4. Sony is selling ebooks to be read on Sony eReaders — that was the deal when the ebooks were purchased at the Sony bookstore. If Sony eReader hasn’t developed an app for the iPad, well, there it is. The customer has nothing to moan about: s/he got exactly what s/he bought.

    And there are solutions without resorting to destroying the file and removing DRM, right? Those unmolested Sony ebook files read just fine on a Kobo and will open on Kobo for iPad, Kobo for iPhone, Kobo for Blackberry, etc. As Piet says, if the vendor doesn’t provide a solution, the customer will find one.

    It’s true, though, that DRM ePub is something of a Tower of eBabel. But there is an end-to-end seamless solution offering non-ereader device agnostic apps and software using a single DRM format, it’s own top of class ereader, a vibrant user community and a growing developer community, tons of content, and no hassles: Kindle.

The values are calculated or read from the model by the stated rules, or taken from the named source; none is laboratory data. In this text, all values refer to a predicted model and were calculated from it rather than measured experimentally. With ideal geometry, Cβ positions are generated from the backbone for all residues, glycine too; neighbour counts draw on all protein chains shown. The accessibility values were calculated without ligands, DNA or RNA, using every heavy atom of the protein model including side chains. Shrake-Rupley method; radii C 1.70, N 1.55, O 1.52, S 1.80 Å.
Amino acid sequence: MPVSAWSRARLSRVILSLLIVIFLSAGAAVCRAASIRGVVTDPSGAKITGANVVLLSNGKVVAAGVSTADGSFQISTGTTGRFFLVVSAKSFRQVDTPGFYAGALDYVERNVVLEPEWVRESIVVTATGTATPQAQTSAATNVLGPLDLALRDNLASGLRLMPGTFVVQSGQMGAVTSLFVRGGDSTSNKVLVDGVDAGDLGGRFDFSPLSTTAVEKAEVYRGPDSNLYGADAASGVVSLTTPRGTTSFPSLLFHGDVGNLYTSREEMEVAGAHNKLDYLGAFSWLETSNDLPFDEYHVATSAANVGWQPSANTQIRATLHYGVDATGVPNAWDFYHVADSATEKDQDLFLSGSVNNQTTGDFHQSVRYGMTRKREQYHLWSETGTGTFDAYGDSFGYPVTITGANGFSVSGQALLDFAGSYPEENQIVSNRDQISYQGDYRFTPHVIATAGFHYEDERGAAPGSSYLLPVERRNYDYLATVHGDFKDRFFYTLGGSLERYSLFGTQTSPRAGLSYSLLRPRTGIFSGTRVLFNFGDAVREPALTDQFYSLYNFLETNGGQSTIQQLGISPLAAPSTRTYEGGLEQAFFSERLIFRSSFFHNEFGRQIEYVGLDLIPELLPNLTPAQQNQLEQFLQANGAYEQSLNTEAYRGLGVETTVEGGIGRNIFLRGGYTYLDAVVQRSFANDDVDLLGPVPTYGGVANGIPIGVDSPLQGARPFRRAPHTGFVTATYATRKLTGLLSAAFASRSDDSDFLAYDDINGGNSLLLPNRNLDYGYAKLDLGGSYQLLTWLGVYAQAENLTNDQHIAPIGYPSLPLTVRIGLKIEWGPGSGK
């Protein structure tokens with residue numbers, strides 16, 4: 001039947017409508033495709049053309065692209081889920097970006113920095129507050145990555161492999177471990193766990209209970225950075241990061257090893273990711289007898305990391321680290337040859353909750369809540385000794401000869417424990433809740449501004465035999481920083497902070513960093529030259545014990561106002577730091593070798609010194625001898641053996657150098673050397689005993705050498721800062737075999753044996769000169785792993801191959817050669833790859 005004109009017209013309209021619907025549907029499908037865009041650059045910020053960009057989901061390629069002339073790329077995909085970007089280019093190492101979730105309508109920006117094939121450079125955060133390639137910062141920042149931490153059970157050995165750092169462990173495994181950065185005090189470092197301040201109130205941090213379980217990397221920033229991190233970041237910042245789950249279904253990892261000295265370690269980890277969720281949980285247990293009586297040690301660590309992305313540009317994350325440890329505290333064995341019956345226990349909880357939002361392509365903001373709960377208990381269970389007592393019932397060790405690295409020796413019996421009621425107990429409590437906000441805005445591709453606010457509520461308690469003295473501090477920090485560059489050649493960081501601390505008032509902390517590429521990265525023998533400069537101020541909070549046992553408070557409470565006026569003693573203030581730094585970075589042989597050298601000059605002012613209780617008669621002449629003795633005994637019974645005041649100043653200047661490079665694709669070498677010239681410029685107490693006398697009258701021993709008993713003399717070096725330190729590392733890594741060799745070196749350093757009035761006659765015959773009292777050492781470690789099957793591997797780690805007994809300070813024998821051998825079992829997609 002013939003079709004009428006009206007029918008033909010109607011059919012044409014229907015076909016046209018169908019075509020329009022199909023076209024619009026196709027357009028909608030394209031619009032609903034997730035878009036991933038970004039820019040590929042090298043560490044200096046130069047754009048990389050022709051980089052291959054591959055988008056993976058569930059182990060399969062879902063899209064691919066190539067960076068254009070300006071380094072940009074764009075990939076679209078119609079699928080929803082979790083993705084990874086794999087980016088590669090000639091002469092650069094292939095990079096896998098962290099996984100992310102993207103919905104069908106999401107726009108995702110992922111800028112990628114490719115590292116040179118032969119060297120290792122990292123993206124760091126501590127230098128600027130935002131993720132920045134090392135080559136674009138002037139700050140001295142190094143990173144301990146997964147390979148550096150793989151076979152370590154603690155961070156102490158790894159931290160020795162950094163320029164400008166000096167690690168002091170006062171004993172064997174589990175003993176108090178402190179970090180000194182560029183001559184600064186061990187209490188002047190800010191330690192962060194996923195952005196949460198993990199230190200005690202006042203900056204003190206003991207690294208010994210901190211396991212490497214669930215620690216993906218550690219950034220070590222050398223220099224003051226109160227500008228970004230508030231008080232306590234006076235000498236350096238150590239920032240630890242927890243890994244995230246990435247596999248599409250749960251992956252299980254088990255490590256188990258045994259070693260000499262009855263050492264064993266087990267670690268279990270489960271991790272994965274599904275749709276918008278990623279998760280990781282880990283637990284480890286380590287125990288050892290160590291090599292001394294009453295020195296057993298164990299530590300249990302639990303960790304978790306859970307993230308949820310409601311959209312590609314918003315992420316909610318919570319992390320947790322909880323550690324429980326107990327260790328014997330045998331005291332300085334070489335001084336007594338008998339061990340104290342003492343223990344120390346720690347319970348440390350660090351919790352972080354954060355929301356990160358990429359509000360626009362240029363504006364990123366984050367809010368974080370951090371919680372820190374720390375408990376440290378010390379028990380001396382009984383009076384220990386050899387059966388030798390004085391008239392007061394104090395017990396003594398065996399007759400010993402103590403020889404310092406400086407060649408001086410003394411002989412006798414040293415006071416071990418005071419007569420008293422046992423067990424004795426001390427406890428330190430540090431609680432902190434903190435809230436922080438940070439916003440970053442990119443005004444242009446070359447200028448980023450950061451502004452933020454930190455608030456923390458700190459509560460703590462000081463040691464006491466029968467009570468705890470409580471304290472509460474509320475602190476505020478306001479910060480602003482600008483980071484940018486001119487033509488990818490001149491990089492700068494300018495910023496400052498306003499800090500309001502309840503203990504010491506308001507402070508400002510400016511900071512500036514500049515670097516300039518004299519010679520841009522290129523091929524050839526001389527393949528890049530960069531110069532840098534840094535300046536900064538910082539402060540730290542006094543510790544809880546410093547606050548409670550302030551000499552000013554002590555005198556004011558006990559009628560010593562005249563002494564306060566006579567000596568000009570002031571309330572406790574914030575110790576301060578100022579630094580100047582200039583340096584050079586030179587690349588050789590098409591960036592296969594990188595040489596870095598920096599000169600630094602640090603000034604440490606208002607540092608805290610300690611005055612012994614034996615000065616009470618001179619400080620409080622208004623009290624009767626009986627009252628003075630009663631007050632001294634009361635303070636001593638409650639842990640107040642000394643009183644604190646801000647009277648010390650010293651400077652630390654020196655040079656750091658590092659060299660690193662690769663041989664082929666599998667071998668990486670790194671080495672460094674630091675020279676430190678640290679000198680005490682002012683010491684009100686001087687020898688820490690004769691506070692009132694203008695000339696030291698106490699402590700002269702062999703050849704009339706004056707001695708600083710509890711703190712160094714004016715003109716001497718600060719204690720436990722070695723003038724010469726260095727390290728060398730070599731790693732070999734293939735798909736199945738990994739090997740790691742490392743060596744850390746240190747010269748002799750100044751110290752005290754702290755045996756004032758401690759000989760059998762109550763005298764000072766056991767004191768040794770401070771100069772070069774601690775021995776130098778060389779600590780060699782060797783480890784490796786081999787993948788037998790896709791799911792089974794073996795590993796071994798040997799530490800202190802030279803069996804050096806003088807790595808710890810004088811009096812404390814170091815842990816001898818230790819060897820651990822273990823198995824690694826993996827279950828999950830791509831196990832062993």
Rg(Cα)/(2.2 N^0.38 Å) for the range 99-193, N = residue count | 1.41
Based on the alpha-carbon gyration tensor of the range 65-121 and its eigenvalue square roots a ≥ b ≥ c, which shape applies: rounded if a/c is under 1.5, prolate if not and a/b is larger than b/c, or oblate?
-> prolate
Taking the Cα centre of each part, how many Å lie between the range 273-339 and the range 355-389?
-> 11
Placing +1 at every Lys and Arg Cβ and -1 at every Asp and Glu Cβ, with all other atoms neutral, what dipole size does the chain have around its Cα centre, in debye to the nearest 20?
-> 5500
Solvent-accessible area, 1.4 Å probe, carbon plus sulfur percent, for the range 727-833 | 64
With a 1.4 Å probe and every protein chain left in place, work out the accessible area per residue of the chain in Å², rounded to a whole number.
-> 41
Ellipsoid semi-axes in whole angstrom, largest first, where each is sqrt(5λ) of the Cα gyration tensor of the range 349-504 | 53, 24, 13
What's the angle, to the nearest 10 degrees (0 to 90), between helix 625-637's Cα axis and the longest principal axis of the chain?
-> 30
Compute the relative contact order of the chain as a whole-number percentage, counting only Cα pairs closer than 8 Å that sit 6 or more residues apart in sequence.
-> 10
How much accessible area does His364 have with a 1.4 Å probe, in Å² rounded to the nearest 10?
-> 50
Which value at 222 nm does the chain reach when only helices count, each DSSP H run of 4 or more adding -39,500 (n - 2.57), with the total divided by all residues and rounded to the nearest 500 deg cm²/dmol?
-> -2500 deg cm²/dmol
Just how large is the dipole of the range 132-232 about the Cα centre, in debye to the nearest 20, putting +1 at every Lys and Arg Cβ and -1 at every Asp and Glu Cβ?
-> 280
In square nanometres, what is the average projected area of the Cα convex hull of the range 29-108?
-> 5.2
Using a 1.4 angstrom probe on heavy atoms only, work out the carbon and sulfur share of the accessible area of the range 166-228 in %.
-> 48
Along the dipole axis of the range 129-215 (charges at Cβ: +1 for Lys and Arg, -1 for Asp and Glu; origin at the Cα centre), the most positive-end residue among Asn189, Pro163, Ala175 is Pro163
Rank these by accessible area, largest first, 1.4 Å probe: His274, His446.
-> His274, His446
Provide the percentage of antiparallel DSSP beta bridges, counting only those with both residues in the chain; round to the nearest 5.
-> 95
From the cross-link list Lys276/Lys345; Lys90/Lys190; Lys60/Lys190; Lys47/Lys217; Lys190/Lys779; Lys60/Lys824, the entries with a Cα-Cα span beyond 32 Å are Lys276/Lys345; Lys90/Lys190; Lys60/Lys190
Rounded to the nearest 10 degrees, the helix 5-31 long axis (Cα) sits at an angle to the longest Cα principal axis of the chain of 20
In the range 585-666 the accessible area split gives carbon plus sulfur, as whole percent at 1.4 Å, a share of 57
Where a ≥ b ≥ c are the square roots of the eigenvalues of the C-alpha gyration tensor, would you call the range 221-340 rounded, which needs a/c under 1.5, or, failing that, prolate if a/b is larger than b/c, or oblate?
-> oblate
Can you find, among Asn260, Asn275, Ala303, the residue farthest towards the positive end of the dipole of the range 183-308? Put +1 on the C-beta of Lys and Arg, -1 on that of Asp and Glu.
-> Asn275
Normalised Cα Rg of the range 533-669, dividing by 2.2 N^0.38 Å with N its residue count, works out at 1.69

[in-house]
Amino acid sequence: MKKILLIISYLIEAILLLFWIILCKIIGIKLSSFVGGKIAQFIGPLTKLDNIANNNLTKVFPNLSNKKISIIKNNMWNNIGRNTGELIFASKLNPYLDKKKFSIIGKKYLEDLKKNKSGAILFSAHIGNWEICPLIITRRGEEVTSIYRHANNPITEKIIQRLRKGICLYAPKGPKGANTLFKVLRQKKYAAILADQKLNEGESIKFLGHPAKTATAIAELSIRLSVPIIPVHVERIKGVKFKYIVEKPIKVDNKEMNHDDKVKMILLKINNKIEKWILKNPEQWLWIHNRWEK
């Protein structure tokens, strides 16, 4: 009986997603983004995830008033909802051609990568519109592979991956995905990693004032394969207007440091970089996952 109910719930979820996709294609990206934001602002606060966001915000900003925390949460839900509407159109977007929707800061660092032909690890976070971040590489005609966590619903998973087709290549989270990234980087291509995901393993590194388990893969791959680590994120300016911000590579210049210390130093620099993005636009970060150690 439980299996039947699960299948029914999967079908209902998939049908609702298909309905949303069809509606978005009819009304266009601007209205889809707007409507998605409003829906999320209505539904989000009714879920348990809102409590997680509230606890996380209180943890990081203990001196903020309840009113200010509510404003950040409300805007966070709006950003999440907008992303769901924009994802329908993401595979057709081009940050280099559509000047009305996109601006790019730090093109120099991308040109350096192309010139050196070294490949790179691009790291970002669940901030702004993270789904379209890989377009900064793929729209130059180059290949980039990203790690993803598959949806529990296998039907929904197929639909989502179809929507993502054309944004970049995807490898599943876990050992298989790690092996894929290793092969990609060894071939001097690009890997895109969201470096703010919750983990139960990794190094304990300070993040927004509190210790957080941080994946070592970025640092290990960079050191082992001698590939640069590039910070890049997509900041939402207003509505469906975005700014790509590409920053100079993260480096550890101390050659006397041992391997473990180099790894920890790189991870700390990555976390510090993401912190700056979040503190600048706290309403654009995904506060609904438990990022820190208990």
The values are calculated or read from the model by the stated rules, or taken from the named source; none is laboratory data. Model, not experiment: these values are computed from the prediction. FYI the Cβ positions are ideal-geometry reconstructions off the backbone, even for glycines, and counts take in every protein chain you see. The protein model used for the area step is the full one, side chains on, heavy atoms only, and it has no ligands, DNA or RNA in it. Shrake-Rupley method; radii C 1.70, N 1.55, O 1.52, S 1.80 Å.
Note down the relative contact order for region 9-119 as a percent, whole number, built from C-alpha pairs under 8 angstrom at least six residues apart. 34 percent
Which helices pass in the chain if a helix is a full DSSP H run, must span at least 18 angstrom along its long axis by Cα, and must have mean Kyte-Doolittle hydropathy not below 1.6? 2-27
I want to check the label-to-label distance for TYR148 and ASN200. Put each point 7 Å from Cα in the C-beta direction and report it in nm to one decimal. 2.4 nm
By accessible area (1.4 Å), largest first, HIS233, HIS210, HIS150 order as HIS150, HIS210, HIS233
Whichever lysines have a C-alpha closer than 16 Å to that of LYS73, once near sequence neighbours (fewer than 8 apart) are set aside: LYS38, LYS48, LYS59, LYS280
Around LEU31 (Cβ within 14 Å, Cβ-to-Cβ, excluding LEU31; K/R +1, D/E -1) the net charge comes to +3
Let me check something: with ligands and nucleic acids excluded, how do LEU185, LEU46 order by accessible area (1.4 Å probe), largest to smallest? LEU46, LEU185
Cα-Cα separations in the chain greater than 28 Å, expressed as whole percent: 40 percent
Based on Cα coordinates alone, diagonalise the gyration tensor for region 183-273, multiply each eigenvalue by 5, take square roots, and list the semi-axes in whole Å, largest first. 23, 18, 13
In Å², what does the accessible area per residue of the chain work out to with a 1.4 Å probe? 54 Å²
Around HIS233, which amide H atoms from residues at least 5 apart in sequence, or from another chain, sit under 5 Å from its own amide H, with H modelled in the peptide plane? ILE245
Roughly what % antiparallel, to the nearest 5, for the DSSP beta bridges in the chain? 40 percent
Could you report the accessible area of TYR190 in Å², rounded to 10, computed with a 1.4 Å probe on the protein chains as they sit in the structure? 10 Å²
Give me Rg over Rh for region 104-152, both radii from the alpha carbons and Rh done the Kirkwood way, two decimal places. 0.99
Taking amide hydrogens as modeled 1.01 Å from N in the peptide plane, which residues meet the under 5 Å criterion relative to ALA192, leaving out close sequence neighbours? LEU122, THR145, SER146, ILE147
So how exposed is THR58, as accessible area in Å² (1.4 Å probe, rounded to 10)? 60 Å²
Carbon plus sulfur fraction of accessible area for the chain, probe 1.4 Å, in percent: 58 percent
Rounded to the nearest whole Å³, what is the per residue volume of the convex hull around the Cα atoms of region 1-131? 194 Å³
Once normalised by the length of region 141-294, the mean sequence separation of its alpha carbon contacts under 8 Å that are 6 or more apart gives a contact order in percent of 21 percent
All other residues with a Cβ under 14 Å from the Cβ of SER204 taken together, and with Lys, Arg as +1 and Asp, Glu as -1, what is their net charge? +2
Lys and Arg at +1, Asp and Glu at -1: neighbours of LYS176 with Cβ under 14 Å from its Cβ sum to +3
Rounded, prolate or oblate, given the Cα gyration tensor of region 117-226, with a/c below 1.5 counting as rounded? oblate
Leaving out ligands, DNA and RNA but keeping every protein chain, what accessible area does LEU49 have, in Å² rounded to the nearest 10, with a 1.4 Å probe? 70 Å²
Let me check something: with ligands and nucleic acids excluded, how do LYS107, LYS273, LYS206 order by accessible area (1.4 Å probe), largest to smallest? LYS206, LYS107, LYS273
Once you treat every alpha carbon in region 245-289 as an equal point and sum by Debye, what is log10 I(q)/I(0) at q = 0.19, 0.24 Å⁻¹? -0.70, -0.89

5. Sorry, nice marketing spiel, but very wrong. You can’t use Kindle stuff on everything. There are also lots of books they won’t sell to people. So it is neither end to end or seamless. Someone offering that would let you download books WITH A BROWSER, which is something EVERYBODY HAS ALREADY.

    The only actual ‘end to end’ and ‘seamless’ solution is something else. Bittorrent, rapidshare, Usenet, irc, etc. All will definitely work on any system. Anybody can use them, and all the books are available to everyone.